Tom Service on talking to Simon Rattle at Hay 25
Tom Service, the author of Music as Alchemy: Journeys with Great Conductors and their Orchestras spoke with Simon Rattle about his work with the Berlin Philharmonic on the opening day of Hay 25.
I suppose it was bound to happen: that in talking to Simon Rattle on the first day of the Festival about how he conjures his transcendent concerts with orchestras around the world – and above all, the Berlin Philharmonic, where he has been Chief Conductor since 2002 – he raised just as many questions as either of us could answer in his fascinating, generous, and honest comments. The point of my book, Music as Alchemy: Journeys with Great Conductors and their Orchestras, published by Faber, is to describe in detail what happens in the rehearsal room and in performance in today’s greatest conductor and orchestra partnerships. After talking to Simon, I can see how provisional any answers that anyone comes up with about this most mysterious of musical professions really are; but it also made me realise how important it is to try and get to the bottom of what happens in the relationship between the podium, the players in the orchestra, and the audience during those life-changing concerts.
Rattle and the Berlin Phil’s performances of the last three symphonies by Sibelius make up one of the chapters; the other five journeys come from London, Amsterdam, Budapest, Bamberg, and Lucerne with Valery Gergiev, Mariss Jansons, Ivan Fischer, Jonathan Nott, and Claudio Abbado. In Berlin, as Rattle told us on Thursday, he is faced with a paradoxical situation: the players are the most individually virtuosic and musically strong-willed of any orchestral musicians on the planet, and yet they require somebody up there on the podium to lead them. ‘We need each other’ he said, in response to what some of the players told me when I met them, that the orchestra is ‘greater than any of its conductors’ – including not just Rattle, but Herbert von Karajan, Wilhelm Furtwängler, and Abbado. Karajan said that conducting this orchestra was like riding a horse, where it’s not really about controlling what the musicians do, but letting them have their head, surfing the collective musical momentum they create, and knowing when to rein them in. Rattle talked about the tidal currents the Berlin Phil generate in their music-making, and he has said they make a sound which is like a force of nature, a kind of sonic lava – and anyone who’s had the chance to hear them live will know what he means, since there’s no more visceral sound you can hear in the concert hall than the Berliners playing at full tilt, which they do in every second of every concert they give – so his job is to release and regulate what happens.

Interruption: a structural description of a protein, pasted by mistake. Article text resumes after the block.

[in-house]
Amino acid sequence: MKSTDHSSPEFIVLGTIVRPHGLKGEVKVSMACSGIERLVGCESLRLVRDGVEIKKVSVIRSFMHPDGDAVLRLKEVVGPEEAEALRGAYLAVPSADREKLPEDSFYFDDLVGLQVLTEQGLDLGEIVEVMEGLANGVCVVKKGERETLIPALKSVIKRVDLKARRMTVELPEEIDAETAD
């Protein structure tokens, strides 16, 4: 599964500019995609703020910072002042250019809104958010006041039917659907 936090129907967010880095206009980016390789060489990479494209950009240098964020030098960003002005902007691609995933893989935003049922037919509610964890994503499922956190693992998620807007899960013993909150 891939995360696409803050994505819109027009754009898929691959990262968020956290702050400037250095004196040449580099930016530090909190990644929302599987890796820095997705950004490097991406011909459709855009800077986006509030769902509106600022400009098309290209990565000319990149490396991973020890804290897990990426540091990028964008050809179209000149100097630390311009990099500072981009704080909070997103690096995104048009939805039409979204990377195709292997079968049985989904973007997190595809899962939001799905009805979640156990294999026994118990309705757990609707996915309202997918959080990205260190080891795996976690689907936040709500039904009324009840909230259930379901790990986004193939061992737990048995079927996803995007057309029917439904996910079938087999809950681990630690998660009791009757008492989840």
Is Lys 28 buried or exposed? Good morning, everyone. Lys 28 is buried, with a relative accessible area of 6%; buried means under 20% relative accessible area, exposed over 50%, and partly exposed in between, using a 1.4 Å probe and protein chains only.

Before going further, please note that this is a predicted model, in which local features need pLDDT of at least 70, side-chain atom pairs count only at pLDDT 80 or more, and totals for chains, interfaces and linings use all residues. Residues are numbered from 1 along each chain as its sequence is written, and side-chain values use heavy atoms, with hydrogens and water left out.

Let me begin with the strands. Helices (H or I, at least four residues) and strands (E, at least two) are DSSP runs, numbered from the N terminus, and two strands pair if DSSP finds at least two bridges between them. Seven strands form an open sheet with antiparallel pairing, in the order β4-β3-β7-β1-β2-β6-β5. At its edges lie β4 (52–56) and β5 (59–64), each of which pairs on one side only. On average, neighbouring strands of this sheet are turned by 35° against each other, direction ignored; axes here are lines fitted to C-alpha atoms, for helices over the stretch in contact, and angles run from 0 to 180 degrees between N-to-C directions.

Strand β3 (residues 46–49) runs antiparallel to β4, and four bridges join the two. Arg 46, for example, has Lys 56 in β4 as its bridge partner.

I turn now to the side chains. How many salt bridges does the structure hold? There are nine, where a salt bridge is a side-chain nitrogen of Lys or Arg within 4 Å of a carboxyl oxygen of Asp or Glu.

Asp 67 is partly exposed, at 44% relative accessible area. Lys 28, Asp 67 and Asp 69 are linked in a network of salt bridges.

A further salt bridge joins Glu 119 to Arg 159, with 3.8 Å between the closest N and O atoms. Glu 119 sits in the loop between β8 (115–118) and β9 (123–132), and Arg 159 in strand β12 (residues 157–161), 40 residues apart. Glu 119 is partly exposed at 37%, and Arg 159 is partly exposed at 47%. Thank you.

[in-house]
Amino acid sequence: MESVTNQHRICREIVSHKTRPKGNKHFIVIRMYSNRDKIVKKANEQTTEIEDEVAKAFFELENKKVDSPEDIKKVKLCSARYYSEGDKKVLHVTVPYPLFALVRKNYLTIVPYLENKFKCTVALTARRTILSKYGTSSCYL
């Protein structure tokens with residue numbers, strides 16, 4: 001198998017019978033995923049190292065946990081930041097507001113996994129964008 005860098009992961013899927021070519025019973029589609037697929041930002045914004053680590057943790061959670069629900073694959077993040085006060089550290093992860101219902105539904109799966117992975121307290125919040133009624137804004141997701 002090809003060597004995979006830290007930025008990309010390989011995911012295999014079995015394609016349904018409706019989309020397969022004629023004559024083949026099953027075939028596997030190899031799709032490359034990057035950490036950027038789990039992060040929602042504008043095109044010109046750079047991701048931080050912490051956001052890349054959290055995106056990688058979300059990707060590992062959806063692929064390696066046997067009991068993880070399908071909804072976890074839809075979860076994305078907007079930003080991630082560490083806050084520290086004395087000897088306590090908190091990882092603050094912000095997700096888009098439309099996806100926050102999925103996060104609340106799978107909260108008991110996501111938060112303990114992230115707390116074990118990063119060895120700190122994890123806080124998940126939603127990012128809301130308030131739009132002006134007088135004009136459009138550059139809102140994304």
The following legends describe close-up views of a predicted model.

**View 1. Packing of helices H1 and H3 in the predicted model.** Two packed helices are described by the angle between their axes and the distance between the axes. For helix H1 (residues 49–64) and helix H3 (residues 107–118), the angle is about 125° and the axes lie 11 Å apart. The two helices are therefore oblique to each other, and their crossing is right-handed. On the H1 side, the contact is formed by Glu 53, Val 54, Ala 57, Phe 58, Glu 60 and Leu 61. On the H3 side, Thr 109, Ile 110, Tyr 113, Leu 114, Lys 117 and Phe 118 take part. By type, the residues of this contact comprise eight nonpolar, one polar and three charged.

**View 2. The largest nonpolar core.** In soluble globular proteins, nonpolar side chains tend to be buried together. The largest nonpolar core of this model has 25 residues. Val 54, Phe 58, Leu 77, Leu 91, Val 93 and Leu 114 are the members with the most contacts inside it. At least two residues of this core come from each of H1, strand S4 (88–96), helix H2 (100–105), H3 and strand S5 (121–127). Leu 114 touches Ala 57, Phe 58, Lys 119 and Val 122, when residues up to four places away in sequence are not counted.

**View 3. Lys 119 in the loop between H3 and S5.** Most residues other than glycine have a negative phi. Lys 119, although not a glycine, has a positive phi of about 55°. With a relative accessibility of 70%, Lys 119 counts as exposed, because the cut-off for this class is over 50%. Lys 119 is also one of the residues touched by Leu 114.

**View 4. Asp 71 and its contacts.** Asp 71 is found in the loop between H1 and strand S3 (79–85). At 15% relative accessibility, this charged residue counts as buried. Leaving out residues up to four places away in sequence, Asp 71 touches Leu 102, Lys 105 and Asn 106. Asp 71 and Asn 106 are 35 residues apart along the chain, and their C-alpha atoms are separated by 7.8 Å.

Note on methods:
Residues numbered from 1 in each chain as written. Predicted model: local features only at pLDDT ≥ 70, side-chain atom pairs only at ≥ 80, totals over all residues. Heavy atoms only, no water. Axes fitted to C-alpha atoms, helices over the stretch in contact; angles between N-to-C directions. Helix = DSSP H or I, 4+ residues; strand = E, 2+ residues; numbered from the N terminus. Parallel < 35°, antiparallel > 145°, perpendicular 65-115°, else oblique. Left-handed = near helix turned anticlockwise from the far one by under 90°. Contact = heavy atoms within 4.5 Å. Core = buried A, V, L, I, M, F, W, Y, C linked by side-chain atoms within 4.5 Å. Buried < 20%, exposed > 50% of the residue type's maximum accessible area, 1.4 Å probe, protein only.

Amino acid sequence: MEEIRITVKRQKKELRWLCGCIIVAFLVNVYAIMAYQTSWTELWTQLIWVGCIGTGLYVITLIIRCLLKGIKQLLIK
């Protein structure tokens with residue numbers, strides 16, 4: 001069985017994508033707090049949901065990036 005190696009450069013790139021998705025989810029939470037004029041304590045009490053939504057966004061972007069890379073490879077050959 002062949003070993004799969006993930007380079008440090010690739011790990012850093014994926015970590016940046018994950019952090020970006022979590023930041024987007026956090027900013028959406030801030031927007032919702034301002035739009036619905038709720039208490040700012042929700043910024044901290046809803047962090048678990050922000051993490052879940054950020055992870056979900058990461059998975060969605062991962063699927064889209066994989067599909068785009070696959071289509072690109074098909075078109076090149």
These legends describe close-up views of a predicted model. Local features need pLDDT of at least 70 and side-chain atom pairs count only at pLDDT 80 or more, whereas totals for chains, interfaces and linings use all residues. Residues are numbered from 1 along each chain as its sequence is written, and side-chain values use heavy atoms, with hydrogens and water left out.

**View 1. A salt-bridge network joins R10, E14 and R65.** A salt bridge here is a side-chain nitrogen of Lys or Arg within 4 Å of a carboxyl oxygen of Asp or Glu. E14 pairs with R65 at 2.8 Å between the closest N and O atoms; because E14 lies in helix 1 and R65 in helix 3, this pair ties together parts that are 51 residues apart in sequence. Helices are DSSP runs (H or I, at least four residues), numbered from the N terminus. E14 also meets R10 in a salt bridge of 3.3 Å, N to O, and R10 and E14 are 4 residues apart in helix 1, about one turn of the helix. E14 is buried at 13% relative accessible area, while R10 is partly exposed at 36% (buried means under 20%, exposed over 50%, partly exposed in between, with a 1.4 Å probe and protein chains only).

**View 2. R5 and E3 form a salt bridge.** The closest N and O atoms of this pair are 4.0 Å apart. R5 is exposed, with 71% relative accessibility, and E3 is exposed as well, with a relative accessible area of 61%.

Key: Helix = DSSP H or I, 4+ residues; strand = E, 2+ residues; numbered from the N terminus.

Alchemy? Transcendence? Well, those things for sure; but it’s also like ‘herding cats’, he said! And with typical modesty, Rattle told us that in the moments when a performance reaches the ‘cosmic level’ – Mariss Jansons’s term for a concert which seems to lift off into a different dimension, and takes you on an irresistible expressive journey – he’s not leading anything at all, simply disappearing into the fabric of the musical experience, becoming part of the quantum connections between the music, the players, and the atmosphere in the audience. The point is, though, the conditions for performances like that to happen, including those of the Sibelius symphonies I heard Rattle give, have to be created, encouraged, and nurtured. And that’s something you really can talk about and write about, and what the book tries to do. Rattle might not want to think of himself as a leader in the old-fashioned sense of telling his musicians what to do, knowing that’s an impossible task with the Berlin Philharmonic, but he’s the essential catalyst without whose spark of inspiration nothing could happen. And that catalytic collaboration was the joy of the Hay experience, too, especially as someone coming to the Festival for the first time: thanks to the audience’s engagement, their questions, and the alchemy of the place, the room was filled with a uniquely, positively, charged Hay atmosphere, and it was an event that felt… well, it was a pretty cosmic experience to part of it!Tweet